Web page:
Babylon Boozer?

OK, let’s get this one out of the way. It was recently brought to my attention that Timothy appears in Kenneth Anger‘s notorious book, Hollywood Babylon II (1984), in the chapter entitled “Babylon Boozers.” I admit that Anger’s first Babylon book was an old guilty pleasure of mine, but I had not seen the second one. I acquired the book, checked out the chapter in question, and indeed, this photograph appears.

Here we see Tim in his well-known publicity still from Unwed Mother (1958), with the caption declaring that he was one of the “thirsty thespians.” It’s worth noting that this chapter is comprised of captioned photographs only. There is absolutely no anecdotal evidence presented to back up Anger’s insinuations about anyone in this chapter, not just Timothy.

Two quotations of Tim’s need to be noted at this point. From the Film Comment interview by Grover Lewis, 1992:

GL: “No offense, Tim, but did you ever drink a lot or use drugs?”

TC: “No, I’m a teetotaler. I never even smoked. People were always offering me grass or cocaine. I got my own cocaine – my own personality. I AM COCAINE. What do I need that stuff for?”

And from Timothy’s own article “The Highways of Heaven,” written in 1957, in which he talks about how he got to know James Dean during the filming of East of Eden in the spring of 1954:

He would have beer and smoke cigarettes, and he would get a great kick out of me ordering 7-Up.

“How do you like that?” he laughed the first time I did it. “You look like you can do anything – like you’d drink rubbing alcohol.”

“I don’t need any synthetics for my kicks, Jimmy,” I told him.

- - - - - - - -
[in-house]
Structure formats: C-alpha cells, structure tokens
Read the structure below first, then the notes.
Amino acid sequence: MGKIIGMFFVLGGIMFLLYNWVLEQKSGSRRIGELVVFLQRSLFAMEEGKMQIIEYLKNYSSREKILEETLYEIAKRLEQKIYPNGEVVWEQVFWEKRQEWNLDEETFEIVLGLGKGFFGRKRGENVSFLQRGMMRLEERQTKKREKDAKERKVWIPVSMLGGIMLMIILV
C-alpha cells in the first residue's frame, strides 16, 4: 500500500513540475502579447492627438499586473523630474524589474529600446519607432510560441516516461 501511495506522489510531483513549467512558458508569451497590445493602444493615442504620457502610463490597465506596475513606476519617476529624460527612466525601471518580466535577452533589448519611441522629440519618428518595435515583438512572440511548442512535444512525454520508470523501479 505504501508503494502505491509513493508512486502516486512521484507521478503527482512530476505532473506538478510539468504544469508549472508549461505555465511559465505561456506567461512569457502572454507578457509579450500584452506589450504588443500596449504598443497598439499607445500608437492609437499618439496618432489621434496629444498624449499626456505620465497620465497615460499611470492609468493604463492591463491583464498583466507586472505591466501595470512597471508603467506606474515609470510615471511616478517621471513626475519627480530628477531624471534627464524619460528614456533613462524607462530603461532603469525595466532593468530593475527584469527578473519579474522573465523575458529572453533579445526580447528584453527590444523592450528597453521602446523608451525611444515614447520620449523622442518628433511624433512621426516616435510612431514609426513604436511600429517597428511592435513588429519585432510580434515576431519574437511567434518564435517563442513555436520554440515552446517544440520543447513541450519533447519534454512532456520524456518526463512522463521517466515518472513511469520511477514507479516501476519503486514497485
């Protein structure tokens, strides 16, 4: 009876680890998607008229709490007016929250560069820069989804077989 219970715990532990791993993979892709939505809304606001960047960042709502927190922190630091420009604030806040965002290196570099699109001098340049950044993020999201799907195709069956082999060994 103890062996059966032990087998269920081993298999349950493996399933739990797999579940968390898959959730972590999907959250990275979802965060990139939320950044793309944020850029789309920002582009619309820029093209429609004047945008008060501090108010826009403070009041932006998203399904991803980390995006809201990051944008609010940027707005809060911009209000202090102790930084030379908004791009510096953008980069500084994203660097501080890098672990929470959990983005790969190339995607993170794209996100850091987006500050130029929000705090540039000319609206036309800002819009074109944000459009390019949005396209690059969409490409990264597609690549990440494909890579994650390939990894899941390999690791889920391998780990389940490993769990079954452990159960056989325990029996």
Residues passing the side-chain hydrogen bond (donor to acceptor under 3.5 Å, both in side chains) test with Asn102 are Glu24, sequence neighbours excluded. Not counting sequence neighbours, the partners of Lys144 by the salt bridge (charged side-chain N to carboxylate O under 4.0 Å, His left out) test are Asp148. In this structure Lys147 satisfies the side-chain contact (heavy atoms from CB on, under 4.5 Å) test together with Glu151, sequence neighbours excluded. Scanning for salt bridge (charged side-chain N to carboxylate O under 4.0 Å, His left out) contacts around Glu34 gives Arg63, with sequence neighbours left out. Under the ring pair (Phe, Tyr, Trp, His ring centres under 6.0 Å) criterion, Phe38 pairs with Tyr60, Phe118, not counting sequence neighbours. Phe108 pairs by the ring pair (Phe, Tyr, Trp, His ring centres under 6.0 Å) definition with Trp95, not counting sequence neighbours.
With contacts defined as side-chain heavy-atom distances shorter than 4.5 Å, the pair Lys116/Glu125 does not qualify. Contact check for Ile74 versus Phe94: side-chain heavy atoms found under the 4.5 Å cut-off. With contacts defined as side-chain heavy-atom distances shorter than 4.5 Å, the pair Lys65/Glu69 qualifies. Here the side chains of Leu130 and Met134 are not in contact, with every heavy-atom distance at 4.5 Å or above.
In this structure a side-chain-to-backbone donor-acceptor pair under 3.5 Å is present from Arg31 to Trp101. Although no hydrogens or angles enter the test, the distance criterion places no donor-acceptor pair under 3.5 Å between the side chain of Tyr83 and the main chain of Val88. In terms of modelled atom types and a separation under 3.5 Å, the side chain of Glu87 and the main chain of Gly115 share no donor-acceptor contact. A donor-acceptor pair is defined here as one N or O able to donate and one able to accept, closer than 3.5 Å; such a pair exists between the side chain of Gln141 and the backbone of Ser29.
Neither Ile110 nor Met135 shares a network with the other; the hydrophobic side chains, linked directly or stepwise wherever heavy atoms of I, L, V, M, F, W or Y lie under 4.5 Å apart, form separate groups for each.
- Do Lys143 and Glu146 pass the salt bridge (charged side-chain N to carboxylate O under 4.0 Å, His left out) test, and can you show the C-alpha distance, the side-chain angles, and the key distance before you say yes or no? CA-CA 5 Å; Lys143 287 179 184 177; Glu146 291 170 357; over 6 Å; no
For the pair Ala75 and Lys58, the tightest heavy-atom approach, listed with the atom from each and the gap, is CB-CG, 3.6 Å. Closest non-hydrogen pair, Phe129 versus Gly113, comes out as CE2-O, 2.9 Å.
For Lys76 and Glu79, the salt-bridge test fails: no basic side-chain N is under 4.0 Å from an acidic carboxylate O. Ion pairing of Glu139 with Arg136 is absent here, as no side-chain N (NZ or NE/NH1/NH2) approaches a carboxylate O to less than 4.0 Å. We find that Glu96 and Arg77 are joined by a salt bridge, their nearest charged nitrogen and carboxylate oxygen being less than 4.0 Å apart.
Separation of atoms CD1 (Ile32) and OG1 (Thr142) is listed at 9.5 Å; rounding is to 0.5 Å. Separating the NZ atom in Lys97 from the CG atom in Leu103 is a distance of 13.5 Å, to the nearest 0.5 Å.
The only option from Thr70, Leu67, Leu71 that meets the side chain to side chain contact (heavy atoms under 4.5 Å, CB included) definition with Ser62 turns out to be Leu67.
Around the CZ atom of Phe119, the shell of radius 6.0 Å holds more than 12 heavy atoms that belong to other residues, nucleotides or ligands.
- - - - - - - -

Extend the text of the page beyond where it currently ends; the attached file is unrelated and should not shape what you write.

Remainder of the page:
“You have something there,” he nodded.

Kenneth Anger is indeed a gifted filmmaker, but his hatred of the city and the industry that birthed him and ultimately rejected him is obvious, and legendary. Everything in the Babylon books needs to be taken with a humongous grain of salt. For a truly eye-opening experience, I highly recommend Anger: The Unauthorized Biography by the late Bill Landis.

Pic of the Day: “What’s the Matter with Helen?” revisited

Our pic for today (you know about clicking for embiggening, right?) revisits the great Curtis Harrington‘s What’s the Matter with Helen? (1971), starring Debbie Reynolds and Shelley Winters as two friends with a tragic past trying to get back on their feet in Depression-era Hollywood. Tim has a small but memorable role as a scruffy tramp depending on the kindness of Reynolds and her rich suitor Dennis Weaver.

Harrington was a fascinating character on the Hollywood scene. He began his career in association with the notorious Kenneth Anger, starting an independent film distribution company with him in the late 1940’s and appearing in Anger’s amazing short film Inauguration of the Pleasure Dome (1954). He went on to direct such cult classics as Night Tide (1961), Queen of Blood (1966), Games (1967), How Awful About Allan (1970), Whoever Slew Auntie Roo? (1972) (which you can find on a double DVD with Helen), The Dead Don’t Die (1975), Ruby (1977) and Devil Dog: The Hound of Hell (1978). He directed Timothy again in the Baretta episode “Set Up City” (1975). He retained a lifelong interest in magic and mysticism. A Harrington biography would be most welcome; it’s long overdue.